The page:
The wire-like elements 62 of neurostimulation lead 60 may come in many configurations. As shown in FIG. 6A, two uncrossed wire-like elements 62 may be included in the neurostimulation lead 60. Additionally, the wire-like elements 62 of expansion mechanism 63 may be configured in a substantial helical shape in some embodiments. In addition, fixation mechanism 63 may include retainer rings 44A and 44B (collectively “retainer rings 44”).

Lead body 61 of neurostimulation lead 60 is shown with an inner lumen that accommodates a restraint mechanism, such as a stylet 66. A distal end of stylet 66 bears against a surface within lead body 61 to exert a linear force along the length of the lead body and cause the lead body to straighten out. In some embodiments, lead body 61 may include at least a portion that is formed from an elastic material, causing the diameter of the lead body portion to decrease when the portion is stretched. The elastic portion 64 of the lead body 61 is shown in FIG. 6A in a restrained state, where the diameter of the stretched elastic portion is smaller than the portion of the lead body that is not stretched.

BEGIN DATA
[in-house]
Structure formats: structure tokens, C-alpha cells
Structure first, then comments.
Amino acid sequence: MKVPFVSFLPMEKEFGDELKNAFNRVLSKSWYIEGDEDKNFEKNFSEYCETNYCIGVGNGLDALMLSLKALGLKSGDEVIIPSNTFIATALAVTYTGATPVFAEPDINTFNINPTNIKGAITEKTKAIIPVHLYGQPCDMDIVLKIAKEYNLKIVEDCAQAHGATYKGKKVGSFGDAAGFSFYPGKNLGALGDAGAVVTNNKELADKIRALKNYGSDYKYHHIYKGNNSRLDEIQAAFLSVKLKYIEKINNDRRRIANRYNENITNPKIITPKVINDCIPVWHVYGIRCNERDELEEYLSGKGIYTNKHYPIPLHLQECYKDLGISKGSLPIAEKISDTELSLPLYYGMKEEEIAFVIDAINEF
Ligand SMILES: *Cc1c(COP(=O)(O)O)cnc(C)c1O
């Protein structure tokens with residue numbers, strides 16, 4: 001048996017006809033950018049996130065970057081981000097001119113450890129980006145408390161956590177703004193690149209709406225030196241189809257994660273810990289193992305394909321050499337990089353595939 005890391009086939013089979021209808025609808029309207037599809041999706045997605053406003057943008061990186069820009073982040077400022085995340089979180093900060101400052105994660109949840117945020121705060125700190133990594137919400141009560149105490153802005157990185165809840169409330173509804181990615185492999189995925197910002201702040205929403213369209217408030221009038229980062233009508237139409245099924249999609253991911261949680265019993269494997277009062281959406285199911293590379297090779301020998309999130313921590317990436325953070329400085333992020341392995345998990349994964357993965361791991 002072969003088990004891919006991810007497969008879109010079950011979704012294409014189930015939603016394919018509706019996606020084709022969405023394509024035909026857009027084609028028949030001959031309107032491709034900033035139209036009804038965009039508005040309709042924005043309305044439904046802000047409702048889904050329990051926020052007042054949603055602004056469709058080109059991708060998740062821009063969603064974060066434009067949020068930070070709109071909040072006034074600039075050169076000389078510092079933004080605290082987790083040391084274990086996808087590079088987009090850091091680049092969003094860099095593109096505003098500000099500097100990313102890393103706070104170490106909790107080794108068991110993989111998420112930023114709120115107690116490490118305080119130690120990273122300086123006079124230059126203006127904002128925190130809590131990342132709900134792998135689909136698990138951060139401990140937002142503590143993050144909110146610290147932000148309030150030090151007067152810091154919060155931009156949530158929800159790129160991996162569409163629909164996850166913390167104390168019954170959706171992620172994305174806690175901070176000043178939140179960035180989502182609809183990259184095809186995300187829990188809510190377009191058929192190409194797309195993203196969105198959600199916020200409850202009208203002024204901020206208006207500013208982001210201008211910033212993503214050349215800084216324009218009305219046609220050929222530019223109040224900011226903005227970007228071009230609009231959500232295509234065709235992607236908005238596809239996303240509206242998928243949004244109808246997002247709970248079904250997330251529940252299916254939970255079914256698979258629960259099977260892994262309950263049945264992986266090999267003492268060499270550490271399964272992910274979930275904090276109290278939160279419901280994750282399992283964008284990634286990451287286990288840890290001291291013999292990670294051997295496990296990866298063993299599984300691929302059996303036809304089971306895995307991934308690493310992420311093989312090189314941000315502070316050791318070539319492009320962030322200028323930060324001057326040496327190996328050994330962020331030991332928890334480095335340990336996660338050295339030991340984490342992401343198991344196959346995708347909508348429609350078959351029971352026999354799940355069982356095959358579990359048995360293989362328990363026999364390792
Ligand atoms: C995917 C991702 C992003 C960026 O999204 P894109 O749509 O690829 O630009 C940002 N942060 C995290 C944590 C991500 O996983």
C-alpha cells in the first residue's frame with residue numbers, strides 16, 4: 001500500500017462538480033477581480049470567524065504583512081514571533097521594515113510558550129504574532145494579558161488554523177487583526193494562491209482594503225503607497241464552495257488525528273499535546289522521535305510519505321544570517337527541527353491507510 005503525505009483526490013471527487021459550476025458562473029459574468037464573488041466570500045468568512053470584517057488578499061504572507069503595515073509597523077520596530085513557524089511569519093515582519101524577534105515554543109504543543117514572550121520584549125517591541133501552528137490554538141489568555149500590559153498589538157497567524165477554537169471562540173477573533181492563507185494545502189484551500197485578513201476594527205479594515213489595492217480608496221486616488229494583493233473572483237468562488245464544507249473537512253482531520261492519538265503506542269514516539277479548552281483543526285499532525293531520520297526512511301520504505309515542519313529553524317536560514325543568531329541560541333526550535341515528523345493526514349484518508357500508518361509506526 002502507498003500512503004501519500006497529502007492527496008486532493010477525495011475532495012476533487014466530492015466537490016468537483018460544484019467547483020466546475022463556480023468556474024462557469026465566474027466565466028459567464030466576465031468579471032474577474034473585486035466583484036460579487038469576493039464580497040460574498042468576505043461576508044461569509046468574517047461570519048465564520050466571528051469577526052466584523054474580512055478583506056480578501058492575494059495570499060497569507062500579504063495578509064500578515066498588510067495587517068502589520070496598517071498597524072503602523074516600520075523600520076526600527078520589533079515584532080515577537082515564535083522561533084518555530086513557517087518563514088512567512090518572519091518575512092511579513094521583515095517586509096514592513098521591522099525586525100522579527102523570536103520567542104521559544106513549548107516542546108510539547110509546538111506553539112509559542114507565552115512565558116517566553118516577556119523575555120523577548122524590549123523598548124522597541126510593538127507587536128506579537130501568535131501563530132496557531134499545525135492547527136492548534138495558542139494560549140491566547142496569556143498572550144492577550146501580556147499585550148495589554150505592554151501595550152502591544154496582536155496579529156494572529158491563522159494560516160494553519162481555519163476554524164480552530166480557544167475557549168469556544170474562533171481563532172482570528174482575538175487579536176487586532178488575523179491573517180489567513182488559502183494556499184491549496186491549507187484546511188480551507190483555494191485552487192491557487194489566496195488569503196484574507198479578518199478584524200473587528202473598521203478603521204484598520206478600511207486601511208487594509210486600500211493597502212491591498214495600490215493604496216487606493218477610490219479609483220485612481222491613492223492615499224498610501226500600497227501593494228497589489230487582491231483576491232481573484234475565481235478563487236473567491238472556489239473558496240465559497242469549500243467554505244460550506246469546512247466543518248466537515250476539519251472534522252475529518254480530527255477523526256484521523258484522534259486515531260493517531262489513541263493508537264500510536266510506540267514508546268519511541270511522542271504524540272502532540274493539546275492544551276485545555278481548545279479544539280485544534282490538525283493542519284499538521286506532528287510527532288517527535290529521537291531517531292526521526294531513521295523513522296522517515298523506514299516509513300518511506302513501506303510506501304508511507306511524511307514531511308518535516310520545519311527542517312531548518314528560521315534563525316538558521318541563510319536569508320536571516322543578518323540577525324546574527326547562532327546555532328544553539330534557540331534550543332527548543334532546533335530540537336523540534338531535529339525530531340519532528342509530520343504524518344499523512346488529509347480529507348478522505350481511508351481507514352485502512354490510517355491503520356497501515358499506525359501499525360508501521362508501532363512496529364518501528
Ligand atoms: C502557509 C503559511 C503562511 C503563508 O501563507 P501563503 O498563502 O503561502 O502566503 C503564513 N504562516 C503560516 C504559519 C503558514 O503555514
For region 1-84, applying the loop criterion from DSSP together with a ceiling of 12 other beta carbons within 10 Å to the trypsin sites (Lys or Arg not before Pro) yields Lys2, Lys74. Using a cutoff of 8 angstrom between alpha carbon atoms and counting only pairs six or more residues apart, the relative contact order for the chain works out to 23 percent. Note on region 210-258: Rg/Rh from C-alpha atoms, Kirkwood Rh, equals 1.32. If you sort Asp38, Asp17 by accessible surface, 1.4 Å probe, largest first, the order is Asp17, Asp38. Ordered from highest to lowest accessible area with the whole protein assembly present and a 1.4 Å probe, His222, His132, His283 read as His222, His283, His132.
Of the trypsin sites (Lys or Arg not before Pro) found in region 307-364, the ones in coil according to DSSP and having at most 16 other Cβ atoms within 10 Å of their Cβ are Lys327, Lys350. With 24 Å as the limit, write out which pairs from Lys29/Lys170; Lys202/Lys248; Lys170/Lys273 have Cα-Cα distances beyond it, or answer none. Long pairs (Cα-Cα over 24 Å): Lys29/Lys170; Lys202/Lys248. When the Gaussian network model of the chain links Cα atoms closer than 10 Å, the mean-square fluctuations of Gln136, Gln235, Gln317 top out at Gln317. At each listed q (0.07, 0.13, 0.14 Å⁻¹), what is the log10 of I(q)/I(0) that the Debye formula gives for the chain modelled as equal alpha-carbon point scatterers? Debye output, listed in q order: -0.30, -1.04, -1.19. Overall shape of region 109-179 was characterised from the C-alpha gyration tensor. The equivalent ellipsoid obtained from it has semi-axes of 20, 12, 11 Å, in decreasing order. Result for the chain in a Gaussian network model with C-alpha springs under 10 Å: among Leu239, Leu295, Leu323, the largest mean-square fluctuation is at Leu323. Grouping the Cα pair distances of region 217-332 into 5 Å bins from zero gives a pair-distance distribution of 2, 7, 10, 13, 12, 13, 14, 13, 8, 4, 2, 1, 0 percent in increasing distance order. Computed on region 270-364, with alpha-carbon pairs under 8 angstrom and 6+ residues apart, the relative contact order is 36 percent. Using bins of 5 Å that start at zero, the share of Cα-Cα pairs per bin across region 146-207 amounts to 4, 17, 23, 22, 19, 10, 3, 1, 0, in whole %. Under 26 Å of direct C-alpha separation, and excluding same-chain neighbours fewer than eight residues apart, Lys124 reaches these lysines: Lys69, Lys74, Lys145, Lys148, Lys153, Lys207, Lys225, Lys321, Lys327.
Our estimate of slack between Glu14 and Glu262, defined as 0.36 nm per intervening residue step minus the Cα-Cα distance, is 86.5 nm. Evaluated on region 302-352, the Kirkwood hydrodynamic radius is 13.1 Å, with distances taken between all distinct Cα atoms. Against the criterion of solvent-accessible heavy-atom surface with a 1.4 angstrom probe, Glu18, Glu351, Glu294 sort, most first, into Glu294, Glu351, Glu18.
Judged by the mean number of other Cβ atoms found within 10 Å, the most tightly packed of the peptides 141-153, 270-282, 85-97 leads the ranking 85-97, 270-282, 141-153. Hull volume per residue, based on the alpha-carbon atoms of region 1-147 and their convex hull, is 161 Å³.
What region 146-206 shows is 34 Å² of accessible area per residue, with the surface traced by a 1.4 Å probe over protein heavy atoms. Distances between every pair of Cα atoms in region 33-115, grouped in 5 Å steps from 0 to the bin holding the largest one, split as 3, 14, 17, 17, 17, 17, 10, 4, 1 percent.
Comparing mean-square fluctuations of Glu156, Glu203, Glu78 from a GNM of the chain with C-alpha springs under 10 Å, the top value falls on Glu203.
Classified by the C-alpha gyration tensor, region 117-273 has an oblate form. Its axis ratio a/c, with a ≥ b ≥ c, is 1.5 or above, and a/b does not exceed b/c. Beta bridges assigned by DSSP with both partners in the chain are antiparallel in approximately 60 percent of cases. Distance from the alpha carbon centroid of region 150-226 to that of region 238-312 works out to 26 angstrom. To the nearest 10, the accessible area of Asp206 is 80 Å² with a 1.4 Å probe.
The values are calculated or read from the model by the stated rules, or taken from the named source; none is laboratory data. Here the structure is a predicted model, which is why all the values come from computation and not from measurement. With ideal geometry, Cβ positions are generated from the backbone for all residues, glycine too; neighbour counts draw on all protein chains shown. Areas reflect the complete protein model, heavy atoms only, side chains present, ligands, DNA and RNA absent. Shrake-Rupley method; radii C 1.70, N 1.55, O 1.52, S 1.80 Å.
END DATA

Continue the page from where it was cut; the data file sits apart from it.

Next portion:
Stretching the lead body 61 allows wire-like elements 62 to lengthen and straighten out, as shown in FIG. 6A. In other words, wire-like elements 62 of fixation mechanism 63 may be restrained from expansion by straightening lead body 61. In some embodiments, an elastic portion 64 of lead body 61 may be provided and stretched under axial force from stylet 66, thereby lengthening the linear distance between ends of wire-like elements 62. Relaxing the elastic portion 64 of lead body 61, e.g., by retracting the stylet 66, causes lead body to decrease in length, permitting wire-like elements 62 to extend radially outward from the lead body, as shown in FIG. 6B.